The input window

The input data will be visualised in an input window. After opening a file using the
i) File>Open menu item or
ii) clicking on the file open icon) or
iii) dragging a *dat file in the Electrophy main window,
Then the input tool windowtool box pops up.
This window comes in two variations, the more elaborate one is shown below (push the "less" control to see the window with less options). It is used to scale, to zero and to filter the input trace.

The toolbox

-Click on the controls to know more about their functions-
range from:
range Set the first sweep of the range for analysis

current:
rangeShow a sweep for display

range to:
rangeSet the last sweep of the range for analysis

channel channelSelect the recording channel for display
range amp Vertical (y) display amplification
autoscaleSelect display autoscaling
range offset Vertical offset
zeroautomatic zeroing (using the blue cursors)
zeroInvert the record for display
zeroFilter the record
12 Hz
rangeSet the low-pass filter cut-off frequency

check 50 Hz notchEnable 50 Hz notch filter to remove hum in Europe
check 60 Hz notchEnable 60 Hz notch filter to remove hum in America
check subtractSubtract a sweep from the current sweep
check integrateIntegrate the sweep
check differentiateDifferentiate the sweep

slide bar sweep range. The upper (marked "from:") and lower (marked "to:") slide bars are used to select either:
1) the range of records (sweeps) that will be used for analysis or
2) the range of records that will be displayed if in concatenated or family plot modefamily mode.
The middle slide bar (marked "current") is to select the record currently displayed. If in concatenated or family plot modefamily mode, the "current" record is highlighted.

up channel. Push this button to show the next input channel (if any). Note that PClamp files that have been recorded using internally generated ramp stimulation show the ramp in the highest channel.  |return|

slide bar amplification. This slide bar changes the display amplification. It is only effective if autoscale is not set. Display amplification does not effect data analysis.   |return|

autoscale autoscale. The data between the two vertical red lines in the input window are amplified to fit the window. Display amplification has no effect on analysis.   |return|

slide bar offset. Use this slide bar to add offset to the input data. This offset is also taken into account when data is analysed. To move the input trace up and down in the input window, use the vertical scroll bar at the right of the input window. To reset the offset to 0 (no offset), push the "zero" button twice.  |return|

zero zero. The average value between the vertical blue lines is subtracted from the entire sweep. This change in offset is also taken into account during analysis. Upon de-selection of auto-zeroing the offset is 0 (no offset).  |return|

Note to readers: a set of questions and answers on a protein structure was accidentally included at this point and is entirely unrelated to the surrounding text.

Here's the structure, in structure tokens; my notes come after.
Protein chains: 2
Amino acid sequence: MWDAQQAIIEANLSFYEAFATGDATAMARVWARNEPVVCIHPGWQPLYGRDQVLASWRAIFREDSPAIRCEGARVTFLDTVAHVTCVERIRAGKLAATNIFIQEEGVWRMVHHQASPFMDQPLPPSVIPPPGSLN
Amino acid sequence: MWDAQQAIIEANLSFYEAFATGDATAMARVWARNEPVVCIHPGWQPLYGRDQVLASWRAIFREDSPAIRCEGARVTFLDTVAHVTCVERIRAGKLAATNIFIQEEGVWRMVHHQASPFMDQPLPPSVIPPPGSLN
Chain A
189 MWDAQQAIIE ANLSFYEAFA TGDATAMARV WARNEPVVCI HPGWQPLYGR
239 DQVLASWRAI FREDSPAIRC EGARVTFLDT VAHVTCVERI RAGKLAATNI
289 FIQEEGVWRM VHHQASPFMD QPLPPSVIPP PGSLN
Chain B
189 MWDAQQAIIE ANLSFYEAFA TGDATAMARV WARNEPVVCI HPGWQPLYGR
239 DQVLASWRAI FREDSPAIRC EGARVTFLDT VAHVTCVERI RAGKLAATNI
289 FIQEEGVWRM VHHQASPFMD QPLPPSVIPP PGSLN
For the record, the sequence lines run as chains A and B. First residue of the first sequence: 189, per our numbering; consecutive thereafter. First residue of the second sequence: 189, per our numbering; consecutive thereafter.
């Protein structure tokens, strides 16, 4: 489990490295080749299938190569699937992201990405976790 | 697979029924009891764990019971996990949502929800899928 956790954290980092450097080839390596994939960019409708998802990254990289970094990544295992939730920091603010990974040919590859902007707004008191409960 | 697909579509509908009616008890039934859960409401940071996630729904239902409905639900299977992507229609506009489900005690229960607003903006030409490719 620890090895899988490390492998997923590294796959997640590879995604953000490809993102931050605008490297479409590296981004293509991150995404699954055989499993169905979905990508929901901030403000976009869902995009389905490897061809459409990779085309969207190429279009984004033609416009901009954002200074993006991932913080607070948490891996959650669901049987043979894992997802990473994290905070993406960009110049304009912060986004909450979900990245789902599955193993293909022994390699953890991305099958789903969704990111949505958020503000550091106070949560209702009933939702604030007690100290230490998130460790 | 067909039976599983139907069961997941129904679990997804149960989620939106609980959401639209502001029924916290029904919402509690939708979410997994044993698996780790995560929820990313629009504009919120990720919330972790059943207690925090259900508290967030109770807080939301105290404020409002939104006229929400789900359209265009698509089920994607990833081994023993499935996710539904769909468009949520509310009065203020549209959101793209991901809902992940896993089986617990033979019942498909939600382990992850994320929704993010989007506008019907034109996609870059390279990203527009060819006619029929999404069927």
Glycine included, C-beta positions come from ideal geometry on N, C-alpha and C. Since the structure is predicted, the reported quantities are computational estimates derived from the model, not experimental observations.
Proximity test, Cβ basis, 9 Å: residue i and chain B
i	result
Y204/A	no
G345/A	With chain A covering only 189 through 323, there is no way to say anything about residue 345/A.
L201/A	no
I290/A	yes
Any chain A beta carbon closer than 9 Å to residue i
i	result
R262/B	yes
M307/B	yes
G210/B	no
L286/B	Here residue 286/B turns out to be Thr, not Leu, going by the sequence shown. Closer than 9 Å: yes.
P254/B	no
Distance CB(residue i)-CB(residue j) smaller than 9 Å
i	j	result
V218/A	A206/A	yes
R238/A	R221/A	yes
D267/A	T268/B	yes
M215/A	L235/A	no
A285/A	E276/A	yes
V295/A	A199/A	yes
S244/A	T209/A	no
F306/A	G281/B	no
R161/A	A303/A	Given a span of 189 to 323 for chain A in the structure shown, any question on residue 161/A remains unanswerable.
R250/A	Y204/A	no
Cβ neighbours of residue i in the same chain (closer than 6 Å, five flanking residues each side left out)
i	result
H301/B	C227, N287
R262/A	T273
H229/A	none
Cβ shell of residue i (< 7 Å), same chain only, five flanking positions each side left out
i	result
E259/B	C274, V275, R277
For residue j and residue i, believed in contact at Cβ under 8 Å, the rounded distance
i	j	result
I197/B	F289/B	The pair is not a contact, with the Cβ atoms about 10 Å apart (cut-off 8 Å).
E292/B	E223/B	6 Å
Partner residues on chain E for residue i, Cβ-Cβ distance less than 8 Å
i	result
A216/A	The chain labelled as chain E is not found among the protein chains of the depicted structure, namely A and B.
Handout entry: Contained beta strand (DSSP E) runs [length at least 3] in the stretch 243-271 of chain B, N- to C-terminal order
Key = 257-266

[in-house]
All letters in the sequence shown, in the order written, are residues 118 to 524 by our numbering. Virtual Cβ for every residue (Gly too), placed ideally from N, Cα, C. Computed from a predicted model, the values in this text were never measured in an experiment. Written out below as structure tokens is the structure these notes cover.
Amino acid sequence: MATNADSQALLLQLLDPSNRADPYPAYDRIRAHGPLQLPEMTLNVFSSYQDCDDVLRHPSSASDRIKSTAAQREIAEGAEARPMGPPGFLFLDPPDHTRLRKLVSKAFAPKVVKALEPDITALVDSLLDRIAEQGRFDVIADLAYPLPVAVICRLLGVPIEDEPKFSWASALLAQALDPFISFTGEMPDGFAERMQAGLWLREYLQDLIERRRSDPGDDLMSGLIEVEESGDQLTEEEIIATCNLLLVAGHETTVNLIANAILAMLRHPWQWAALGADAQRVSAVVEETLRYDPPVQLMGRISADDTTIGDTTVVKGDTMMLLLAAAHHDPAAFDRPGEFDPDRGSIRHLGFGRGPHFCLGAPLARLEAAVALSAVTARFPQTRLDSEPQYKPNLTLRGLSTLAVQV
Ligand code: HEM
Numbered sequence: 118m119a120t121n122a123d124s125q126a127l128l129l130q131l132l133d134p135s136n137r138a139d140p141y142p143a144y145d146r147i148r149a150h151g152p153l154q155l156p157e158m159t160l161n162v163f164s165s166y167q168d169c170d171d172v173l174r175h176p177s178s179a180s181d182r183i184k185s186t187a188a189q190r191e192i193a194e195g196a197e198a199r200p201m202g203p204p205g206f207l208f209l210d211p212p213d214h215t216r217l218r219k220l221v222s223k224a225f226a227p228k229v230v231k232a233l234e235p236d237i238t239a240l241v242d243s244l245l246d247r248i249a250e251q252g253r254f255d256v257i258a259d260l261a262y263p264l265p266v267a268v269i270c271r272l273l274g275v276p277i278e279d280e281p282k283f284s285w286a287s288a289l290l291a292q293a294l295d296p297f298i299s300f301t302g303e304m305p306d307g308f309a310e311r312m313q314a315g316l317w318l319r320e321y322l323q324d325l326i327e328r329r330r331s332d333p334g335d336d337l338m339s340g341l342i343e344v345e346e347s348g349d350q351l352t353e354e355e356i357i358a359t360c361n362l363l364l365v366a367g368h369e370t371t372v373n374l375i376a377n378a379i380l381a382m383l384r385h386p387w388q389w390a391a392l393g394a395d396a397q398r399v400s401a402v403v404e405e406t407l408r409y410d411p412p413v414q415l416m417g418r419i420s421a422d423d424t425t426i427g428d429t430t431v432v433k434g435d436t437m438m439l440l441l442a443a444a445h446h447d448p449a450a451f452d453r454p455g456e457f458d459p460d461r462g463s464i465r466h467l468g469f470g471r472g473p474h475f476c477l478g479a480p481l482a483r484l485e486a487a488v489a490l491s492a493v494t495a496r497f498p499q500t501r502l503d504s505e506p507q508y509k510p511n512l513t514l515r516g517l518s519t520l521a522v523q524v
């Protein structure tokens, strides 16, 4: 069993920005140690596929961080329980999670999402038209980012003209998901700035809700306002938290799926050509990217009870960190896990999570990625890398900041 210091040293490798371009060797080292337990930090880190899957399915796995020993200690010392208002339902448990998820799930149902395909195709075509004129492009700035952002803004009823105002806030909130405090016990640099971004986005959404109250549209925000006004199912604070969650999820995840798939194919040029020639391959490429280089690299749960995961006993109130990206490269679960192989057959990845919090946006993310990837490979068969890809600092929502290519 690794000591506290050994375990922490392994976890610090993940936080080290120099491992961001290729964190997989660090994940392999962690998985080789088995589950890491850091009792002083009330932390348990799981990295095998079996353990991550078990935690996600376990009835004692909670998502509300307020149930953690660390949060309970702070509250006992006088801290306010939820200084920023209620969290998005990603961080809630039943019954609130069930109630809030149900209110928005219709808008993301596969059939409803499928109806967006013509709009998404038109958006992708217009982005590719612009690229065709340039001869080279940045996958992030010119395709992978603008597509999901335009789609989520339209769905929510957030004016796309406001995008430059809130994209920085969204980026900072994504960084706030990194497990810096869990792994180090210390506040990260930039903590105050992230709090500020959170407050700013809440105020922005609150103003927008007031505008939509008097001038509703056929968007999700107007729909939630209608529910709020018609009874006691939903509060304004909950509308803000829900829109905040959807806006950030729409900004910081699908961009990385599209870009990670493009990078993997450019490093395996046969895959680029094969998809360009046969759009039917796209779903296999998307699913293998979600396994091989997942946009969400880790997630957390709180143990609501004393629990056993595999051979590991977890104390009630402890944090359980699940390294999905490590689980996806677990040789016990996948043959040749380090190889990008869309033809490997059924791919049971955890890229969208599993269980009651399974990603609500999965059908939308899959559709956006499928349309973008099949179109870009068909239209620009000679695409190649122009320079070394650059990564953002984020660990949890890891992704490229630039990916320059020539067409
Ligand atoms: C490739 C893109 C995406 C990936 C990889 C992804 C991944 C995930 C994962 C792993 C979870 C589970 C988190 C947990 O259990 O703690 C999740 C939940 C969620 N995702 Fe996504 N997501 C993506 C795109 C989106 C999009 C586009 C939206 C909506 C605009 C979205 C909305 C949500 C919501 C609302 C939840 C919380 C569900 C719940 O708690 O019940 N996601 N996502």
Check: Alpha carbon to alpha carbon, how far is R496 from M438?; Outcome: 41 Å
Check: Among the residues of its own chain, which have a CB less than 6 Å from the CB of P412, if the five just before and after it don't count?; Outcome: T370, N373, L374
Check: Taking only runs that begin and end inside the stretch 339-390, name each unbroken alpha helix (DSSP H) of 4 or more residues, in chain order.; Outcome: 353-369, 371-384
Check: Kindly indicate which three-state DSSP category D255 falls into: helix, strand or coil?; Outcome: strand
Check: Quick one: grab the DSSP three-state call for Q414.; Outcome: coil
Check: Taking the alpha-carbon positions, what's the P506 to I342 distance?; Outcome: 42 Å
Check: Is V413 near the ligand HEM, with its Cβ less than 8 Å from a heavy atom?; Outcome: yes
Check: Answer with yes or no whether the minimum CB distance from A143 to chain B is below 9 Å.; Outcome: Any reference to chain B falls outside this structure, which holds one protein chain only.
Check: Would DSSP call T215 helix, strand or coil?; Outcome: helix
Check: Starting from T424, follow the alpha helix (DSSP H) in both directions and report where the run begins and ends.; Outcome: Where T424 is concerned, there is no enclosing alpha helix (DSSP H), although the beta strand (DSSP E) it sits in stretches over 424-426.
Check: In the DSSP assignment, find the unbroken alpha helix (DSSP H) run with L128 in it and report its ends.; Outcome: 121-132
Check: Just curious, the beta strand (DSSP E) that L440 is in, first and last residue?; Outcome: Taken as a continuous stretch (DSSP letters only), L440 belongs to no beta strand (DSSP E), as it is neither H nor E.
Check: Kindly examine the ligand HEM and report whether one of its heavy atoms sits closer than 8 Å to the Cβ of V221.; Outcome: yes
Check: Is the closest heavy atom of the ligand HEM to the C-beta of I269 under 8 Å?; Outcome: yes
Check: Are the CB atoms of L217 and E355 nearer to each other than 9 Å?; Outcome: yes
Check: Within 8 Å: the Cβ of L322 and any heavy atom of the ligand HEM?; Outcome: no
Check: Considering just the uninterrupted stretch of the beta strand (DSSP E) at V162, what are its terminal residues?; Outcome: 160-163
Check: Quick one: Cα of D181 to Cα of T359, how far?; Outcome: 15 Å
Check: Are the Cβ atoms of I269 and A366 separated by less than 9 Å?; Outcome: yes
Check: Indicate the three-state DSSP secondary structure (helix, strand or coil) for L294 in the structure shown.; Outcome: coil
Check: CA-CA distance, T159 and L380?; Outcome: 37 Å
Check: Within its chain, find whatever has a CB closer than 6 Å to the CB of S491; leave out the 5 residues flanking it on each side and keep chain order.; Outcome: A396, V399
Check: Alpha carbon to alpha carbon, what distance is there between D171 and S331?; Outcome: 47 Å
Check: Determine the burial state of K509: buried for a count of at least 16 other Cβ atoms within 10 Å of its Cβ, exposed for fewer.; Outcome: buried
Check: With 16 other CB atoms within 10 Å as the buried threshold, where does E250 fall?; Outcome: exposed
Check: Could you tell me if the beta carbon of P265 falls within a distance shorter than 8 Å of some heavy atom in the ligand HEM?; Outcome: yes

invert invert. Invert records. This also applies during analysis.   |return|

filter filter. Low-pass filter on/off. The filter is a 2nd order phaseless recursive RC filter.  |return|

slide bar cut-off frequency. Select the low-pass 6dB cut-off point of the 2nd order filter with this slide bar. Filtering is taken into account during analysis.  |return|

check 50 Hz removal. Removes 50 cycles and its first 6 harmonics. It is taken into account during analysis.  |return|

check 60 Hz removal. Removes 60 cycles and its first 6 harmonics. It is taken into account during analysis.  |return|

check activate subtraction. If subtraction sweeps have been selected or if leak compensation has been defined previously using the Conditioning>Subtraction set-up menu item, subtraction can be switched on or off.   |return|

check integration. If checked, the records are integrated.   |return|

check differentiation. If checked, the records are differentiated.   |return|

If the "less" button is pushed, an alternative input tool windowtool box is displayed, containing less options. The 50&60 Hz removal, integration and differentiation options are absent and disabled in the "less options" tool window.

Basic data analysis using the cursors

cursors
 1   2      3

Besides the arrow pointer, there are three cursors in the input window (marked 1,2 and 3 underneath the figure). Cursor 1 is used to move the vertical lines. The arrow pointer automatically changes into cursor 1 when it comes over a vertical line. These vertical lines or markers indicate the boundaries of the zero windowThe average value in between the vertical blue lines will be subtracted from the entire sweep. The blue lines are present only if the "zero" option in the input tool is active. The lines can be moved by dragging them with the mouse. (in blue) and the action window (in red).
The zero markers are used to indicate a stretch of each sweep that will be used as a reference or zero value (automatic zeroing): the average value of the data in between the blue markers is subtracted from the entire trace. The blue markers are visible only if the "zero" option in the input tool window is active, otherwise offset can be compensated using the "offset" slide bar.
The action window delineates the stretch of data in each trace that will be used for data analysis.
To move a marker, push the left mouse button when cursor 1 appears and drag the marker while keeping the mouse button depressed. Note that Zero windowsThe average value in between the vertical blue lines will be subtracted from the entire sweep. The blue lines are present only if the "zero" option in the input tool is active. The lines can be moved by dragging them with the mouse. and action windows are the same for each sweep but are independent for each input channel. Therefore, they need to be set separately for each input channel. However, to have identically positioned zero- or action-windows for all recorded channels, keep the <Ctrl> key depressed while moving the markers.